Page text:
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What does giblet gravy taste like? Or maybe add them to the stuffing?

Thinking of using the giblets in the turkey stock for Thanksgiving gravy, but I've never tasted giblet gravy before.

I'm hoping to use all the parts on Thanksgiving, but it would help to hear descriptions of the flavor. The recipes I've read often exclude the turkey liver from the stock, or only add it for the last 20-30 minutes. I'd like a smooth gravy, so should the cooked giblets then go into the stuffing?

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  1. If you want smooth gravy, I suggest using the giblets in the stuffing....giblets are a bit chewy but if cooked right can be tender and will be great simmered & chopped in stuffing. The taste is mild; it's really the gizzards to which you refer. I use the whole packet that comes with the bird in my gravy (neck, liver, gizzards & heart) as I like mine with texture.

    1. I always make a smooth gravy and use the giblets in the stuffing.

      Speaking of stuffing here's a tip I heard from Shirley O. Corriher a number of years ago. She says her mother always held onto a handful of stuffing and used it to thicken her gravy. That's the way I've been doing it ever since. Works great for thickening and adds another dimension of flavor while eliminating the potential for the raw flour taste to remain.

      1. I like giblets, and I like gravy, but I don't like them together. Use the giblets in the stock you make for the gravy then discard (or eat) them. I don't think they add any real discernible flavor to the gravy, but they definitely do make it lumpy.

        1. You've got the right idea. Use the giblets (but not the liver) to make the stock for the gravy, then strain them out, dice them, and add them to the stuffing/dressing... a very delicious and efficient use of everything but the Gobble. If you wanted to be really meticulous you could even strip the meat off the neck after using it for the stock and dice it up and add that to the dressing as well.

          1. I don't care for them in the gravy or the dressing/stuffing - too chewy and not really very tasty IMO.

            1. I use the entire packet in the gravy stock. I think it adds a deeper umame and a richer character to the finished product. And then I feed the cooked kiblets to the kitties so it's happy Thanksgiving for them, too. (Although I've been known to steal the liver from them, but not once it's been in their bowl. :)

              1. We make the gravy and then add the giblets and neck meat. We cook the neck and all the giblets except the liver together to make the broth. The liver goes in the last 15 minutes. We also use the broth from the roasting turkey. The giblets are chopped into small pieces. No way would I eat giblets alone. But cut small and added to the gravy, then poured over the dressing, turkey, and mashed potatoes, heaven. I don't think giblets add a lot to the flavor. But it is a richer floavor. We also put sliced boiled eggs in giblet gravy. Yes that is a southern thing.

                1. I give them to my cat. after I cook them.

                  1. I don't know that I can explain how it tastes, but I can tell you that I love giblets in the stuffing. My mother has made it that way decades, and she picked it up from my grandfather. At any family gathering, she is always the one asked to prepare the stuffing. The giblets are cooked and then chopped fairly fine, and added to the other ingredients. I think it gives the stuffing more of a "turkey" taste, I guess. Now you've got me looking forward to Christmas (mom won't be here until then), and it's just not time yet!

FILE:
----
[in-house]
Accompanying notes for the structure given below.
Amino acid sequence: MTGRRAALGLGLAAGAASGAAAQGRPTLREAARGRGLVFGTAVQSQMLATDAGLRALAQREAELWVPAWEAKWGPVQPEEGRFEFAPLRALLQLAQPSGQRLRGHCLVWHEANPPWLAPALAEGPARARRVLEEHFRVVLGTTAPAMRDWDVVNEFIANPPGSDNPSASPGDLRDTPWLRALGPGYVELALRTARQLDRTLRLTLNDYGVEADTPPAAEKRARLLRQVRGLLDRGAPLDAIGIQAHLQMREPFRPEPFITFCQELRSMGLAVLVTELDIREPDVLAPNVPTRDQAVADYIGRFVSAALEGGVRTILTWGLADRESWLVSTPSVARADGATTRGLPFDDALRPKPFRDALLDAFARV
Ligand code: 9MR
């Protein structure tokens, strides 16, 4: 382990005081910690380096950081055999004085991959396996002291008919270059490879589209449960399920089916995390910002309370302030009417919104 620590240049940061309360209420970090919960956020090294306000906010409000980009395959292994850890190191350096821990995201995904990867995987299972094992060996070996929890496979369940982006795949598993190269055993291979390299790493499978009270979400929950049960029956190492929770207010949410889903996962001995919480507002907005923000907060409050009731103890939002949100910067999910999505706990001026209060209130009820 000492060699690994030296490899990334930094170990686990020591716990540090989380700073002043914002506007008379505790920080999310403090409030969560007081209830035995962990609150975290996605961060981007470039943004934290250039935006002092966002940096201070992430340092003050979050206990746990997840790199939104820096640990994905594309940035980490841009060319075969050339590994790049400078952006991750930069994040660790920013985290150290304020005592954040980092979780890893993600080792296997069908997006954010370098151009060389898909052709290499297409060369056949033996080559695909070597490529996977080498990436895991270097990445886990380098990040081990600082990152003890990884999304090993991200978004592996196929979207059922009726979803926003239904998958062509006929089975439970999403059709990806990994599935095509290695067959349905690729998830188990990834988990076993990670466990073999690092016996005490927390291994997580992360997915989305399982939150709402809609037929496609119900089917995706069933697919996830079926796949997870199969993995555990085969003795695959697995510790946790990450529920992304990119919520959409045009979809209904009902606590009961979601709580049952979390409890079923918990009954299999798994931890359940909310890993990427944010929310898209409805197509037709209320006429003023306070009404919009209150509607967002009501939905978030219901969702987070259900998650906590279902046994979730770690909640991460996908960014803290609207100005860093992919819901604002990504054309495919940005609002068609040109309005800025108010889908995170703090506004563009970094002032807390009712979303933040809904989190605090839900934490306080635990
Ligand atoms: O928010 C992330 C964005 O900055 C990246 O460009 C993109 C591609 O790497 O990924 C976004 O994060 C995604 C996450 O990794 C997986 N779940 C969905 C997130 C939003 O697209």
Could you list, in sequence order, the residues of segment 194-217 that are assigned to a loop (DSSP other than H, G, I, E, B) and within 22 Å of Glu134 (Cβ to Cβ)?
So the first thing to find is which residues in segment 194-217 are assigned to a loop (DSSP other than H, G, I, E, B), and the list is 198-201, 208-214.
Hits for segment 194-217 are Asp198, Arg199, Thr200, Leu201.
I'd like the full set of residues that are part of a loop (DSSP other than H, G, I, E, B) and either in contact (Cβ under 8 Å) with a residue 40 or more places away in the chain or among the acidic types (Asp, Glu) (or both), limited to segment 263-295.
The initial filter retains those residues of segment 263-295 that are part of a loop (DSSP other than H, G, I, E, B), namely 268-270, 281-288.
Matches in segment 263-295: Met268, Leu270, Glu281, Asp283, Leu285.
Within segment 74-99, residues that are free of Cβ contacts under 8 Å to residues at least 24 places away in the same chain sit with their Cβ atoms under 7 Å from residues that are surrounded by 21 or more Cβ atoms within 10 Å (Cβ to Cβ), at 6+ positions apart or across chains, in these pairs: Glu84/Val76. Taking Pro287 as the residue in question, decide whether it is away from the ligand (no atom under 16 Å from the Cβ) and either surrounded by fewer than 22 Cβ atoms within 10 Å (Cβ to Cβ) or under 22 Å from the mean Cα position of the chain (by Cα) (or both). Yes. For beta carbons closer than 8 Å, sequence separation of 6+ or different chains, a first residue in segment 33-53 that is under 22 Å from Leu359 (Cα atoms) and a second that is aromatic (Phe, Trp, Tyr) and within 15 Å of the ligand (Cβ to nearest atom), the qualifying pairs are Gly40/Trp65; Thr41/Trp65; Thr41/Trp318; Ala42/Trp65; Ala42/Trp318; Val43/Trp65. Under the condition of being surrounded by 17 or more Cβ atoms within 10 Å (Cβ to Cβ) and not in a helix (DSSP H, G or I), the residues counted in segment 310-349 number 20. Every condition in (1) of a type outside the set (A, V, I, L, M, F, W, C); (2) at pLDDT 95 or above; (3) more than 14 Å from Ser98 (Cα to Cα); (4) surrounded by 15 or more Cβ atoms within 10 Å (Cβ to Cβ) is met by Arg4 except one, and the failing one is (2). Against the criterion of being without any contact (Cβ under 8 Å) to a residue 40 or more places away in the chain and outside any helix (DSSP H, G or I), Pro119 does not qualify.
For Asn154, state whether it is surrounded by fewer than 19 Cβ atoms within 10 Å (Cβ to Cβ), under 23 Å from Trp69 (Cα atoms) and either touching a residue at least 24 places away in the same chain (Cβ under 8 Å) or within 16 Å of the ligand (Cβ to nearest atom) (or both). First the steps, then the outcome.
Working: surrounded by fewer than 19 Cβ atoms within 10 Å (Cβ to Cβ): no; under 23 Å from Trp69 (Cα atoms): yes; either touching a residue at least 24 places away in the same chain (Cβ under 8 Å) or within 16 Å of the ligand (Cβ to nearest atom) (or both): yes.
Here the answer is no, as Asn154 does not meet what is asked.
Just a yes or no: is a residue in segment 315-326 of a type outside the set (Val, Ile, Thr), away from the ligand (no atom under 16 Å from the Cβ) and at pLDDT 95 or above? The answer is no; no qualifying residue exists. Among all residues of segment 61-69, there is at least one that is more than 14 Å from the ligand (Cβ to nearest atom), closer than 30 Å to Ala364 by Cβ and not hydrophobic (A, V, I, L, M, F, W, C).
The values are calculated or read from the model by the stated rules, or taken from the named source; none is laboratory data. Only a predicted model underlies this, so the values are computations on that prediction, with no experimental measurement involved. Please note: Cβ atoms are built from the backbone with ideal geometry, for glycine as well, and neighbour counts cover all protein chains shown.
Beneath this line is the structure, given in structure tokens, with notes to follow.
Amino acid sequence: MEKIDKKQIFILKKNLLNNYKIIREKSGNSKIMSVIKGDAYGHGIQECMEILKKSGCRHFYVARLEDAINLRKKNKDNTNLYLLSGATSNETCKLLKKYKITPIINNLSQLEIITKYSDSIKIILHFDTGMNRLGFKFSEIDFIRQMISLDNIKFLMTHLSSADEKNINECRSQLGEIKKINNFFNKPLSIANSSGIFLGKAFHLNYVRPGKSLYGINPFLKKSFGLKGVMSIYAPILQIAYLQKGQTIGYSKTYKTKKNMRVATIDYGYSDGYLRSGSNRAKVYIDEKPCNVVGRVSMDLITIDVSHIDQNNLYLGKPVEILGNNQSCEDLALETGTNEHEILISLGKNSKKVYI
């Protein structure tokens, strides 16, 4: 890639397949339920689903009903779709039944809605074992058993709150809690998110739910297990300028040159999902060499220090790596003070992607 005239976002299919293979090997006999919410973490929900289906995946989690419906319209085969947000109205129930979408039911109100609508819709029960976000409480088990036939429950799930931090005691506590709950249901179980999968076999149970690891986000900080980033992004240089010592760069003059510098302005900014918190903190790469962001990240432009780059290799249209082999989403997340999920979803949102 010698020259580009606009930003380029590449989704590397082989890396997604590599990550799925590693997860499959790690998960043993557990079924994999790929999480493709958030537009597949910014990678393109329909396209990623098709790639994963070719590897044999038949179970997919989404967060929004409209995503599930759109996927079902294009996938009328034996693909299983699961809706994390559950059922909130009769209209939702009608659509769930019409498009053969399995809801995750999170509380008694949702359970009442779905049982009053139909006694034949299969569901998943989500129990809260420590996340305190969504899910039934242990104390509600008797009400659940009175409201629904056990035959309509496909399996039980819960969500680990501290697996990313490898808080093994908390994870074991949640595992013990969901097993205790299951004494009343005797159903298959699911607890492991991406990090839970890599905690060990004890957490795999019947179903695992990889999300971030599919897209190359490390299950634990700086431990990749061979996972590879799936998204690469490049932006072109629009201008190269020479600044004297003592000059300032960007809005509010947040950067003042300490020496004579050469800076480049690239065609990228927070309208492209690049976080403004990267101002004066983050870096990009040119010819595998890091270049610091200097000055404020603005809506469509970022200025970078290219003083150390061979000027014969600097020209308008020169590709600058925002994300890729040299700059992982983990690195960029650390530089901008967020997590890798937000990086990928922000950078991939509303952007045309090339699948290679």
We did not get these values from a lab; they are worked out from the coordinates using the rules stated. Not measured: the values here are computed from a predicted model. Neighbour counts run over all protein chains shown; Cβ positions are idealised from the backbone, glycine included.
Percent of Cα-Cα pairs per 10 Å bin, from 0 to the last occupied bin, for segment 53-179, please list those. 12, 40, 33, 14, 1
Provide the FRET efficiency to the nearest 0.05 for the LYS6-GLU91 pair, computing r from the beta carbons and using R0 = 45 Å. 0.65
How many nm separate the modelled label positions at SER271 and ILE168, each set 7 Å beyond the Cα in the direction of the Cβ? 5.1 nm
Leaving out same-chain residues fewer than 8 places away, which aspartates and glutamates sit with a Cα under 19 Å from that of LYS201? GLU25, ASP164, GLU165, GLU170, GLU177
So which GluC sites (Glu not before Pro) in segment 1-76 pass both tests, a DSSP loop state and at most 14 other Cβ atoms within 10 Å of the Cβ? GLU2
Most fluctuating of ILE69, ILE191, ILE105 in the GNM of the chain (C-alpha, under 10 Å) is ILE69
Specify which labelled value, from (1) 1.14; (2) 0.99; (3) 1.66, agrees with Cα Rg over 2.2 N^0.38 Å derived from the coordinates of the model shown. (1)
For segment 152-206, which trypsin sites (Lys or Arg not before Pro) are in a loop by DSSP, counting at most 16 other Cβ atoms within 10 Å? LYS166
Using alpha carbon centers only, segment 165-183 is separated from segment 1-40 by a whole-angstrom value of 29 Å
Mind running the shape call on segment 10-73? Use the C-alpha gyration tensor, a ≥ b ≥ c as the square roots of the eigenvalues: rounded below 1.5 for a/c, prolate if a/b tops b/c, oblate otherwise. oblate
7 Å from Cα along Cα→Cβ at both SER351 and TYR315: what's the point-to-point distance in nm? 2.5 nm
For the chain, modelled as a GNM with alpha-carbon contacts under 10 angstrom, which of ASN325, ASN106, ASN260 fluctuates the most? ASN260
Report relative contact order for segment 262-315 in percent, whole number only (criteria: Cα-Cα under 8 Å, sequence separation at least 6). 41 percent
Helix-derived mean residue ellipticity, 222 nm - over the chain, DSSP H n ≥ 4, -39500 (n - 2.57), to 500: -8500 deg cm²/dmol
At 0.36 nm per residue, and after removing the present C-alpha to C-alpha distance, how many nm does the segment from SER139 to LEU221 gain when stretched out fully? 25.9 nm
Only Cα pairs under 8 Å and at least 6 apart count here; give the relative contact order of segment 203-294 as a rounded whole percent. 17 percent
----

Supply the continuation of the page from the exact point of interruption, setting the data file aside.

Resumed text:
1. Thanks for all the advice. Looking forward to using the giblets this year.

                      1. Love love love giblet gravy. It seems to me that people who like dark meat and liver enjoy giblet gravy. Everyone I know who only likes breast meat shudders at the mere mention of giblets, in gravy or anything else. I'm unsure how to describe the flavor, but it is richer and closer to the flavor of leg meat.

                        The liver can make the stock bitter if it's in there too long, so follow everyone's advice here and add it at the end. Add it though, it's very rich and flavorful and can add body to the gravy.

                        I follow my grandmother and sautee the giblets first -- huge amount of flavor to be gained here no matter where you giblets end up. You can always split your smooth gravy up, and do 1/3-1/2 of it with some sauteed giblets added if some of you guests would enjoy it.

                        2 Replies
                        1. re: mlou72

                          Do you use butter to sautee , or another cooking fat?

                          Splitting up the gravy and having some with the giblets sounds good. Do you also remove the neck meat and add to the gravy?

                          1. re: springleaf

                            Butter is my choice, I've used a bland olive oil before, but once that gravy hits your food and runs into other foods... butter really tastes good :) I don't keep other oils around, but I'm sure a flavorless oil would be fine.

                            Neck meat is tasty, but sometimes I skip it because it a) takes a little extra time to pull off, b) can make the gravy look a little... stringy. For semi-fussy people I skip neck meat and chop everything else super small.

                        2. Use the giblets in your gravy, for flavor - by all means. Then you can easily strain the gravy so that it's the smooth consistency that you desire.